Halfwit Extensibility - Notifications

The original version of Halfwit wasn't out in the wild very long before people started asking for features that I hadn't thought of. The first was minimize-to-tray, and very quickly thereafter was popup notifications ("toasts") for new tweets.

Notifications in Halfwit 1 are a poor-man's toast. When new tweets arrive, a balloon popup appears telling you how many tweets just came in. No more detail than that. Unsurprisingly, people wanted more.

I, however, am not a big fan of toast notifications, so when I started writing Halfwit 2 I had pretty much resigned myself to losing the feature altogether.

Recently a couple of people have independently asked for notifications to be integrated with Growl for Windows, which is a kind of "global notifications system", letting users customize how the popups look etc. I thought long and hard about it, and eventually arrived at one conclusion: If they want it so bad, let 'em write it themselves! :-)

Thus was born Halfwit's extensibility and eventing system.

Inspired by (read: stolen from) Paul Stovell's work on FunnelWeb, Halfwit uses a combination of MEF, Autofac and MVVM Light to achieve its plugin system. Here's a rundown.

Core Classes

The first step in creating a plug-in architecture was to move all the bits that a plug-in author might need into a separate assembly. I called this assembly "Halfwit2.Core" and extracted a bunch of interfaces from existing classes into it.

Here's the interface you need to implement if you are writing a plug-in:

[InheritedExport]
public interface IHalfwitPlugIn
{
    void Initialize(ContainerBuilder builder);
}

Every class that implements that interface is instantiated at runtime and given a chance to "inject" stuff into the application. More on this later.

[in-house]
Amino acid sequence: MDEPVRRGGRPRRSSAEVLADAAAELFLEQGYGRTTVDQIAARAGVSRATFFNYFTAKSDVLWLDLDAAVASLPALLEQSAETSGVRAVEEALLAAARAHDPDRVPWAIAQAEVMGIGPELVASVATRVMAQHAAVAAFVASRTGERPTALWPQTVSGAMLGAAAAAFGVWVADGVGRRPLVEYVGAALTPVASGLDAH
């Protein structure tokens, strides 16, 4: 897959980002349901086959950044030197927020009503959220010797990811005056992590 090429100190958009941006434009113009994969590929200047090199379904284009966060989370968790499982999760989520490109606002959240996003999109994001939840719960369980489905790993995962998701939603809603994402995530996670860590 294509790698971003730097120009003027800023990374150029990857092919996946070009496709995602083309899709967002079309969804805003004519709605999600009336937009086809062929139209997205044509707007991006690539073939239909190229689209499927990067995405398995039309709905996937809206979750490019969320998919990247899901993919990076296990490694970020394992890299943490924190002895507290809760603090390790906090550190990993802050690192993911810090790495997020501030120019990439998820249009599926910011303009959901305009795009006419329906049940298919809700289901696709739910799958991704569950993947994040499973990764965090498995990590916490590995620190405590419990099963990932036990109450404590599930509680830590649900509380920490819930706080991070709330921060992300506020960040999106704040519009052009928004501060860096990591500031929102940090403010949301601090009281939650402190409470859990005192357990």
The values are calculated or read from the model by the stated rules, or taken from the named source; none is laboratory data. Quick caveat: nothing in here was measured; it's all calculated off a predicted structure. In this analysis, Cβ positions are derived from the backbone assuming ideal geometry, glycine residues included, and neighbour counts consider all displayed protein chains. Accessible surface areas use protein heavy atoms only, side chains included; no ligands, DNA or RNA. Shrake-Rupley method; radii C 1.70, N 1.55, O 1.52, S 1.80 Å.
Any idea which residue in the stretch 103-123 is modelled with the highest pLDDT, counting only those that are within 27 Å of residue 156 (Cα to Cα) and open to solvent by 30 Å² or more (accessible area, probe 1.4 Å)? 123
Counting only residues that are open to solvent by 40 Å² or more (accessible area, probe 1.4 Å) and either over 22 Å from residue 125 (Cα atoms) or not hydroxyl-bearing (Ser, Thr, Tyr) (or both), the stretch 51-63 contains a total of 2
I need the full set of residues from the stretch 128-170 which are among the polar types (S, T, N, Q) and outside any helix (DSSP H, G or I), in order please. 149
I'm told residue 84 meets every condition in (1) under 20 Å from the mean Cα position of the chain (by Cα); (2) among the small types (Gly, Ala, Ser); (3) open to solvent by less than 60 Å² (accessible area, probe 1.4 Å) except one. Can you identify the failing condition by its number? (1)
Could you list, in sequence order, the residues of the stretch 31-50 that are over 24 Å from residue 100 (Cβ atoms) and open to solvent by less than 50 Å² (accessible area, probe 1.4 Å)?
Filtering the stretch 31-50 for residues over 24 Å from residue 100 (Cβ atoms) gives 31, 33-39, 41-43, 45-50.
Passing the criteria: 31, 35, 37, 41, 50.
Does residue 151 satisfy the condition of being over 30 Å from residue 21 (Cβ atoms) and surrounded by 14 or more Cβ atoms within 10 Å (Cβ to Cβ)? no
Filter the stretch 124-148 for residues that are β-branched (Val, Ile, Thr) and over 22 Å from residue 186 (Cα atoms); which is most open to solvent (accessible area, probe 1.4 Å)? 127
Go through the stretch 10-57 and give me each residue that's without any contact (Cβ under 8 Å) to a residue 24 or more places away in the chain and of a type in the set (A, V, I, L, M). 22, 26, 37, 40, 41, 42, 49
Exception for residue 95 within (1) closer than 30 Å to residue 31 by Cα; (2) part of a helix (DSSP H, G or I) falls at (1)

Next is the interface you implement to define an event handler:

public interface IHalfwitEventHandler<in T> where T : IHalfwitEvent
{
    void Handle(T e);
}

And lastly, here's the only event so far in the whole program:

public class StatusesReceivedEvent : IHalfwitEvent
{
    /* plumbing omitted */

    public IEnumerable<IHalfwitStatus> Items { get; private set;  }
}

Defining your Event Handler

As a plug-in author, you want to define a new way to notify users when tweets arrive in Halfwit. You create yourself a new Class Library project, add a reference to Autofac.dll and Halfwit2.Core.dll, and create an event handler, like this:

public class Handler : IHalfwitEventHandler<StatusesReceivedEvent>
{
    public void Handle(StatusesReceivedEvent e)
    {
        /* tell the user about e.Items */
    }
}

Now you just need some way to tell Halfwit about your new handler. Do that by creating a plug-in class:

public class HandlerPlugIn : IHalfwitPlugIn
{
    public void Initialize(ContainerBuilder builder)
    {
        builder.RegisterType<Handler>().As<IHalfwitEventHandler<StatusesReceivedEvent>>();
    }
}

Note that there's nothing stopping you from implementing both the IHalfwitPlugin and the IHalfwitEventHandler<T> interfaces in the one class!

Lastly, compile your new assembly and drop the DLL into the Halfwit plugins folder. More on that later.

Loading the Plug-Ins

Here's how Halfwit locates and initializes the plug-ins when it starts up.

First, we register a new Module with Autofac called PlugInsModule:

builder.RegisterModule<PlugInsModule>();

PlugInsModule has a property called Plugins which is populated by MEF (you'll see how in a second):